Mediation And Arbitration: What’s The Difference?
You may already know that if you have a personal injury case, it will resolve either in a trial before a jury, or by a settlement. Assuming you don’t want to go to trial, how does your case actually settle? Of course, one obvious way is just through negotiation–both sides (or their lawyers) on the phone trying to work out an agreement.
But there are two other ways that cases settle. These are what are known as alternative dispute resolution. They are mediation and arbitration, and even if you want to go to trial in your case, there’s a good chance that the court will force you to undergo some sort of dispute resolution process (likely mediation) before you’re even allowed to bring your case to trial.
What is Arbitration?
Arbitration is a process where your case is not heard in court or decided by a judge or jury at all. Rather, your case is decided by a neutral arbitrator. The arbitrator will conduct what can be called a “mini trial,” which is much less formal than a full trial in court. The arbitrator will consider evidence and testimony, and then render a decision.
The arbitrator’s decision is generally binding; you can’t later go to court if you don’t like what the arbitrator decided.
Usually, arbitration is involuntary. That means that you have to arbitrate because you signed a contract or agreement that requires that you bring your case before an arbitrator. Even if you want a full trial with a jury and a judge, you won’t get one if you are forced to arbitrate. Many commercial contracts, tickets, or other agreements, have mandatory arbitration clauses contained in them.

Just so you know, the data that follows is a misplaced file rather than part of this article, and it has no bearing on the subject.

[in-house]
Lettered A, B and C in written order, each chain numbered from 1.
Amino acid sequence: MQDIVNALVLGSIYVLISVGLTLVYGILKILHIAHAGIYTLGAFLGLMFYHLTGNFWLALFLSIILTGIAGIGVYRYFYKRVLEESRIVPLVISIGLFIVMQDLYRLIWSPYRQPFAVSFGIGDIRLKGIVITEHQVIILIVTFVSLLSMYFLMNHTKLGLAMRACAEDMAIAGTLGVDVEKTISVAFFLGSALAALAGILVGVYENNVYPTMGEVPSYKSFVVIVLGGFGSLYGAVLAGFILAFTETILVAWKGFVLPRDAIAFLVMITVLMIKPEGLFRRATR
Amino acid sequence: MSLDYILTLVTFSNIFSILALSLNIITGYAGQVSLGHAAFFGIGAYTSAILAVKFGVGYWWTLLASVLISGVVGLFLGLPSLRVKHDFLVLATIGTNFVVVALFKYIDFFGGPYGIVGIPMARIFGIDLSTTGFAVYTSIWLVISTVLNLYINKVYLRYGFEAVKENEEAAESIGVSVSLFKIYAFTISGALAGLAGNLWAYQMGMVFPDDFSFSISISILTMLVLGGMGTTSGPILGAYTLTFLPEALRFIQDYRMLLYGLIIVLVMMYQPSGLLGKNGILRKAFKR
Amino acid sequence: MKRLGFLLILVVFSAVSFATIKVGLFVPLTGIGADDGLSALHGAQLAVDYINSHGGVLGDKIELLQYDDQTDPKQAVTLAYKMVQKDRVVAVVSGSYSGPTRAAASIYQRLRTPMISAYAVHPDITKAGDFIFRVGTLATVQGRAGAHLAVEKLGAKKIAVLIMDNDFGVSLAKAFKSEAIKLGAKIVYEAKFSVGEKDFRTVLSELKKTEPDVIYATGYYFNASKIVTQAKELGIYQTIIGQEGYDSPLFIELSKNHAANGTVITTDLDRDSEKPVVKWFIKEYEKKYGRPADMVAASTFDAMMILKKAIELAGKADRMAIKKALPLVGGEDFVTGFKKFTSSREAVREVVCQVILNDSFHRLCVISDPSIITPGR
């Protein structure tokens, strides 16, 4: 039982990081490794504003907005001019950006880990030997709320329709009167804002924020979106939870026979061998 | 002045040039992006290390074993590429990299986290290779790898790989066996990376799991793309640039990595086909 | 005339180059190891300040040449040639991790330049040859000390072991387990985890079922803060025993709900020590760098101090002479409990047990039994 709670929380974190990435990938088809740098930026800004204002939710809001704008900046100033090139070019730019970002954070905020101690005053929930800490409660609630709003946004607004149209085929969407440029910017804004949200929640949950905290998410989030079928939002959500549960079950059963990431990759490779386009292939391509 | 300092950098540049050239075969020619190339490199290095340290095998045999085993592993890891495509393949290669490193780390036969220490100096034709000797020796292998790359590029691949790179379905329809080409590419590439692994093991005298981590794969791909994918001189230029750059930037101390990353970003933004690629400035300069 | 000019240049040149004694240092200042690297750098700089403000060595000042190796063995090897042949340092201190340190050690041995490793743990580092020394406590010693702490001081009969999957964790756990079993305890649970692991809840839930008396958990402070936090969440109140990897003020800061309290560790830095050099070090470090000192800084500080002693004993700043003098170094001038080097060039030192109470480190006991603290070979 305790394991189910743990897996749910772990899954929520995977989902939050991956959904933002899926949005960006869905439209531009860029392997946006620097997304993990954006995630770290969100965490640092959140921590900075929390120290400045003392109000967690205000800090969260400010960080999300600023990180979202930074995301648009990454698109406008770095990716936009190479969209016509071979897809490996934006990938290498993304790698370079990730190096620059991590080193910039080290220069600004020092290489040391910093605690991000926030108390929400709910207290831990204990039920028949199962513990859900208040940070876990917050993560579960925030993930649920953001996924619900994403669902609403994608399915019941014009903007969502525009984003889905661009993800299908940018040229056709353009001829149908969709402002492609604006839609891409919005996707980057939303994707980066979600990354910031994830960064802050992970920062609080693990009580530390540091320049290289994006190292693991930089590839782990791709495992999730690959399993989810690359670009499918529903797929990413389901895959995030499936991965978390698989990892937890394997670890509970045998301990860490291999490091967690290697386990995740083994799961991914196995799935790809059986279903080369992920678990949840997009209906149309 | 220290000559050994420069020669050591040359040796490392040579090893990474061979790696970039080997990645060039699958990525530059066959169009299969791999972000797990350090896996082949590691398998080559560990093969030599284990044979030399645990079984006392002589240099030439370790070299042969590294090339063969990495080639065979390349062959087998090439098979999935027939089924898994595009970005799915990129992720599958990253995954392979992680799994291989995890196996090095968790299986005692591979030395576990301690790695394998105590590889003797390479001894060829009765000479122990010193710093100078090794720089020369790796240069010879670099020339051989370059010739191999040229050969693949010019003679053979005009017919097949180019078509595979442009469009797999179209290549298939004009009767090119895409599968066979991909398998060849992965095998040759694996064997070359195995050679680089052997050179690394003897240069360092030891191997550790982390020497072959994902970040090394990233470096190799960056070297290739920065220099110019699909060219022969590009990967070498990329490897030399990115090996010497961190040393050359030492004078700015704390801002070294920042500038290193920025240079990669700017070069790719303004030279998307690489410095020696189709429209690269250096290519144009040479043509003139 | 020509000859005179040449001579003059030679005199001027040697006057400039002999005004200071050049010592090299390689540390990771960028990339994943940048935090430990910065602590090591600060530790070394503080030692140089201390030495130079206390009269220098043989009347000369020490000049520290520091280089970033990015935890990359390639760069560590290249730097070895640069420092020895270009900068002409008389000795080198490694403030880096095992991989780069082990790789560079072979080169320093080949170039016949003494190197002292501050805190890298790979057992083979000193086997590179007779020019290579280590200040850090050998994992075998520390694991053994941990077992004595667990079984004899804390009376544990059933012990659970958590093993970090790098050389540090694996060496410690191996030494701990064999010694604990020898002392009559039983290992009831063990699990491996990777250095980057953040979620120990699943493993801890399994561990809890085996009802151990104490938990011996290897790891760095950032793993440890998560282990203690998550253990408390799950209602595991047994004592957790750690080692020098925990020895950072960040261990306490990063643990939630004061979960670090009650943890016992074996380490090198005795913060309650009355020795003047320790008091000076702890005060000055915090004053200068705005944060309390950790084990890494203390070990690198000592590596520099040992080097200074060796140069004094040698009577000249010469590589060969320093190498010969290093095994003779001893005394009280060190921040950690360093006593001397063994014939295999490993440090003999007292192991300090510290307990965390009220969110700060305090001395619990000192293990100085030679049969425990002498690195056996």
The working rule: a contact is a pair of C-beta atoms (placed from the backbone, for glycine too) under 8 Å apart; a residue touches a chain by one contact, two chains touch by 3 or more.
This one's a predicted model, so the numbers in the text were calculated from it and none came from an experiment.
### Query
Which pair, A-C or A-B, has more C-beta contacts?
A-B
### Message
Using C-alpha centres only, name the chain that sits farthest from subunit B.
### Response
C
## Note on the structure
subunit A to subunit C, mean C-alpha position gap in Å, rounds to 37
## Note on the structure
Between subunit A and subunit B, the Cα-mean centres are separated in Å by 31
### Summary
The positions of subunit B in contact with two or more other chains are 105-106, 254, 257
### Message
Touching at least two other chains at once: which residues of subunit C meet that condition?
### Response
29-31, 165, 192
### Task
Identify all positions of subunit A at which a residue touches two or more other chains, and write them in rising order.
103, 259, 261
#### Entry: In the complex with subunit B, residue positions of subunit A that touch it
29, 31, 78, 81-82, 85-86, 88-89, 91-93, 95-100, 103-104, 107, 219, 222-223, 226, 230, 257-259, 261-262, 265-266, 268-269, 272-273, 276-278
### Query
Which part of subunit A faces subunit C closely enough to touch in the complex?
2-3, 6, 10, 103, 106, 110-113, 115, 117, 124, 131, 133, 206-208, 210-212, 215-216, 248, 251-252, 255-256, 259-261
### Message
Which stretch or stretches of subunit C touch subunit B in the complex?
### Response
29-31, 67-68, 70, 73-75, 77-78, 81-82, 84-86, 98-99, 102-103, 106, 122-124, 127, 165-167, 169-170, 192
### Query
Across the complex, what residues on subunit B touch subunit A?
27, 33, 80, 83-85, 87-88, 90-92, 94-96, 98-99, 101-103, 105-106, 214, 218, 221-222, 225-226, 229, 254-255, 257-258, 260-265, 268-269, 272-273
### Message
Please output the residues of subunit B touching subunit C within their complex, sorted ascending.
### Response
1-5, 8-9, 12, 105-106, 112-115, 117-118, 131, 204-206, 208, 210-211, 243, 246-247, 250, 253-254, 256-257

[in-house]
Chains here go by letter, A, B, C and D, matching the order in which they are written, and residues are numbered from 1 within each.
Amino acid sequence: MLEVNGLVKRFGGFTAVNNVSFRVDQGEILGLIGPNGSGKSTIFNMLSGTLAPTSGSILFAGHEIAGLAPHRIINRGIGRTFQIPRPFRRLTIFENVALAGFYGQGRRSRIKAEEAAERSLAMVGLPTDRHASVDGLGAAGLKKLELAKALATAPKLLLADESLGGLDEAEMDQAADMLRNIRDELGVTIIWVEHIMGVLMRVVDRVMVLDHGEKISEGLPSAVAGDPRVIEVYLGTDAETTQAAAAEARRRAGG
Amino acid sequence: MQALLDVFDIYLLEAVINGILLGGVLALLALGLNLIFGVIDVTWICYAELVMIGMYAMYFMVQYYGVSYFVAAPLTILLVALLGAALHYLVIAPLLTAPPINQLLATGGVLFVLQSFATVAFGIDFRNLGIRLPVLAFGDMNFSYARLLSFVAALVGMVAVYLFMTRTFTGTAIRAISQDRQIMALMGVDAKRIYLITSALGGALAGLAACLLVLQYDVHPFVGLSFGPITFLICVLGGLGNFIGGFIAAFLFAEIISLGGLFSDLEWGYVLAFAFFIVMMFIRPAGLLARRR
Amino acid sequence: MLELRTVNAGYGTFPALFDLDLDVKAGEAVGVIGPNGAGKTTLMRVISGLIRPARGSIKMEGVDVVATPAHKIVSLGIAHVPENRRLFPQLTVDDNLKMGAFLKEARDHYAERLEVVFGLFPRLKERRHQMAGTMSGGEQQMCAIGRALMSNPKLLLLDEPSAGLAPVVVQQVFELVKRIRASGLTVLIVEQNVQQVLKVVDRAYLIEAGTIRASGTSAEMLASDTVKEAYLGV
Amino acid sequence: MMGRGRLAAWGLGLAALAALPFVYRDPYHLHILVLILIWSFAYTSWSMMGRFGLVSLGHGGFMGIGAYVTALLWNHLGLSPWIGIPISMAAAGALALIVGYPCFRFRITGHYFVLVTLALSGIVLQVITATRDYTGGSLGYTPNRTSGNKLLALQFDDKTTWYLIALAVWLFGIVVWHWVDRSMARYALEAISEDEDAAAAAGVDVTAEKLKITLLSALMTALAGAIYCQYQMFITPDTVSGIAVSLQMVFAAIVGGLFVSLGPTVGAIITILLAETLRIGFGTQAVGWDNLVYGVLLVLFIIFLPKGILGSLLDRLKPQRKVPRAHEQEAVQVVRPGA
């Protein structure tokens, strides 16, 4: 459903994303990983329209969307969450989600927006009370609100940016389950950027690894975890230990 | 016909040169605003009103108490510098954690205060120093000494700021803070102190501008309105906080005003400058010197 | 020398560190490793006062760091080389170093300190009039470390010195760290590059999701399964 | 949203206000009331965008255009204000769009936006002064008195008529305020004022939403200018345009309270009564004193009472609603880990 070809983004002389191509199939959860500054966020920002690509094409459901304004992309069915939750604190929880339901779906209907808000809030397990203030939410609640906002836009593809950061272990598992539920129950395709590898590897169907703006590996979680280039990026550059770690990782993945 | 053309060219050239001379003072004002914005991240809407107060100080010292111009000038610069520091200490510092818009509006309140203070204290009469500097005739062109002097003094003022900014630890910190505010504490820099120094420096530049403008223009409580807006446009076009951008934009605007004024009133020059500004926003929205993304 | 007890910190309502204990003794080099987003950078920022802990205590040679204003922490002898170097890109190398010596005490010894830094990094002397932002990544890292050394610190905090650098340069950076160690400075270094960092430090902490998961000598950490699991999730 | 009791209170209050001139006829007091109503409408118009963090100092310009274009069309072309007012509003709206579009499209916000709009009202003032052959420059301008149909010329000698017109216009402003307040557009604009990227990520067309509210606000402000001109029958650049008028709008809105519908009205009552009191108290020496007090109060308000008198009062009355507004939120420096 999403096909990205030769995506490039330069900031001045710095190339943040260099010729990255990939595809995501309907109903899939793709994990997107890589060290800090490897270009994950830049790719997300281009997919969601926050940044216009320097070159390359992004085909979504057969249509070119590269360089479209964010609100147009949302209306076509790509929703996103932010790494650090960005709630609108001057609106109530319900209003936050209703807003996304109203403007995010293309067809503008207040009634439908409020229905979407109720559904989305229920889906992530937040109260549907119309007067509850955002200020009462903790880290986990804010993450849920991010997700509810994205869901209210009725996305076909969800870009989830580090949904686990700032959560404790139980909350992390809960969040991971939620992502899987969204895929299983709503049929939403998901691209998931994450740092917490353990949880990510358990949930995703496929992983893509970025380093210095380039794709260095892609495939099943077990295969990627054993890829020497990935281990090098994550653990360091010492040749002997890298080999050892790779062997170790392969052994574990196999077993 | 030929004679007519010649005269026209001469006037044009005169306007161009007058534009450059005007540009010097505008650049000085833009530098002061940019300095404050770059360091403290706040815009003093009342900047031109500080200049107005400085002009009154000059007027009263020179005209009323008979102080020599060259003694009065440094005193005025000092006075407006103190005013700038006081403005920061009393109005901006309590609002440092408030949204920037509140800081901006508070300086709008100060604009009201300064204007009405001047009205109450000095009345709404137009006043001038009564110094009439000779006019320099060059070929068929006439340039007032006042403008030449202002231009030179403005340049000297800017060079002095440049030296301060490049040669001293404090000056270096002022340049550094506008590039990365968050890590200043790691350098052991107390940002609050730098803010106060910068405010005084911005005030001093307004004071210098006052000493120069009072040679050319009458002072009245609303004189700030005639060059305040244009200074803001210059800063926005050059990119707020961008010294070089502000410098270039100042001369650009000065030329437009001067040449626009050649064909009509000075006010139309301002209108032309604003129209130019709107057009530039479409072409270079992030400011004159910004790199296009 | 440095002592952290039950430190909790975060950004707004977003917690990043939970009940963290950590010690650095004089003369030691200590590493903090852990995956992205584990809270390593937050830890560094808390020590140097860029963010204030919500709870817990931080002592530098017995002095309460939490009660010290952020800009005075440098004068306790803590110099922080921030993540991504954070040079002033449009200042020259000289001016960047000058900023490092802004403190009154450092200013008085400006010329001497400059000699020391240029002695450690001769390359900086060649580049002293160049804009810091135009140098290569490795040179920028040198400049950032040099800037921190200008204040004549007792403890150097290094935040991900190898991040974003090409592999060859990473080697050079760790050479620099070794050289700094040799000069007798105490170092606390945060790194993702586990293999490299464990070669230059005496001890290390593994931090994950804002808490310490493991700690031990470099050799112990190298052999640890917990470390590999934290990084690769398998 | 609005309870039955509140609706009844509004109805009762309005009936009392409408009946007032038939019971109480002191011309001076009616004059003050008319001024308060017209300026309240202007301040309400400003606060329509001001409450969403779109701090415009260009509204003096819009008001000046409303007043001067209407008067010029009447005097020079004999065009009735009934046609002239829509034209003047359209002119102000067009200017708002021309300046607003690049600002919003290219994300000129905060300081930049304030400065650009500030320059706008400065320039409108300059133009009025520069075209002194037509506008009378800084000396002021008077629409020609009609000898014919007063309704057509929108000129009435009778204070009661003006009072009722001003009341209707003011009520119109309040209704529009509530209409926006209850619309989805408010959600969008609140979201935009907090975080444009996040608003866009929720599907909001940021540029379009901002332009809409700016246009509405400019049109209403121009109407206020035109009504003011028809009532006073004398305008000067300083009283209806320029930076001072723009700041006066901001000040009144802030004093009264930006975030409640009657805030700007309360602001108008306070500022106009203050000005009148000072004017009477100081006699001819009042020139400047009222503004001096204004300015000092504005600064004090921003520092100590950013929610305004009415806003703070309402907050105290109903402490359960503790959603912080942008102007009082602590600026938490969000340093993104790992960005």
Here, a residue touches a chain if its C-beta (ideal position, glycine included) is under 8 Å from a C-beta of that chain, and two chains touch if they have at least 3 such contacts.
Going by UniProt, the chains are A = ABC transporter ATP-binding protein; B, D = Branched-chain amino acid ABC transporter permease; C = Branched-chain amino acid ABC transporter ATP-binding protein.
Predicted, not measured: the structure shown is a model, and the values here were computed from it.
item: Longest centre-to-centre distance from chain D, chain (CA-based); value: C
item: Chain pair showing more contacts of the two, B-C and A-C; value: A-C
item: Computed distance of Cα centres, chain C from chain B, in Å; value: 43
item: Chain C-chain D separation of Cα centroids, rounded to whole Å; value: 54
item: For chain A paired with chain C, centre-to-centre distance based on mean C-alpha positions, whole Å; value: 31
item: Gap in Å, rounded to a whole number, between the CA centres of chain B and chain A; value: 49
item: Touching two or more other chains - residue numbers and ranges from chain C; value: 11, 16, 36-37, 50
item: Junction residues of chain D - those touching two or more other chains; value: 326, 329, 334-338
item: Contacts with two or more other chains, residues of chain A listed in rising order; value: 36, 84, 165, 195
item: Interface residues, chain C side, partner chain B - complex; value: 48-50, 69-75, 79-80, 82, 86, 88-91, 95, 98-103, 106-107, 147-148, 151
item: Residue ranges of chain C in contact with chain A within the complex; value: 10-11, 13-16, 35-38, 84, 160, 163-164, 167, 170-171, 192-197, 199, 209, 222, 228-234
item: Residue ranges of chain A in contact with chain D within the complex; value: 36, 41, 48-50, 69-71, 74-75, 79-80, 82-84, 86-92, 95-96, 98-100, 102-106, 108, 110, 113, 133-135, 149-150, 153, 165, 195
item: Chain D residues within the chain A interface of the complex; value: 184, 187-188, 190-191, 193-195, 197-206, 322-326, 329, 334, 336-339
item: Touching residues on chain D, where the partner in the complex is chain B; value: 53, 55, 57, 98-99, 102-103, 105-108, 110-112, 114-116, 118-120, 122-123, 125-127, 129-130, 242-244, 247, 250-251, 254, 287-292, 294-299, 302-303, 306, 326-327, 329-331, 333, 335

What is Mediation?
Mediation is much different than arbitration. In mediation, there is a mediator, but he or she decides nothing. Rather, the mediator is a “go between,” trying to get both you and the other side to come to an agreement.
Everything you say in mediation is confidential–it isn’t used against you later in court, if you don’t.
Your attorney will present what evidence you will provide at trial, and both sides will posture, presenting the information that they have to the other side (although there is no obligation to disclose any information at all in mediation).
The mediator will have both sides consider the weaknesses of their case, in order to pressure both sides to be more reasonable in their positions, in the hopes of settling the case.
If you settle your case in mediation, your case is settled on whatever terms you agreed to. You will likely sign a mediation agreement or settlement agreement there at the mediation.
But you don’t have to settle at all–if you don’t settle, the case goes on the way it would have done if you never mediated. You can still settle the case later on, or you can take your case all the way to trial.
Let us help you every step of the way in your injury case. Call the West Palm Beach personal injury attorneys at Pike & Lustig today.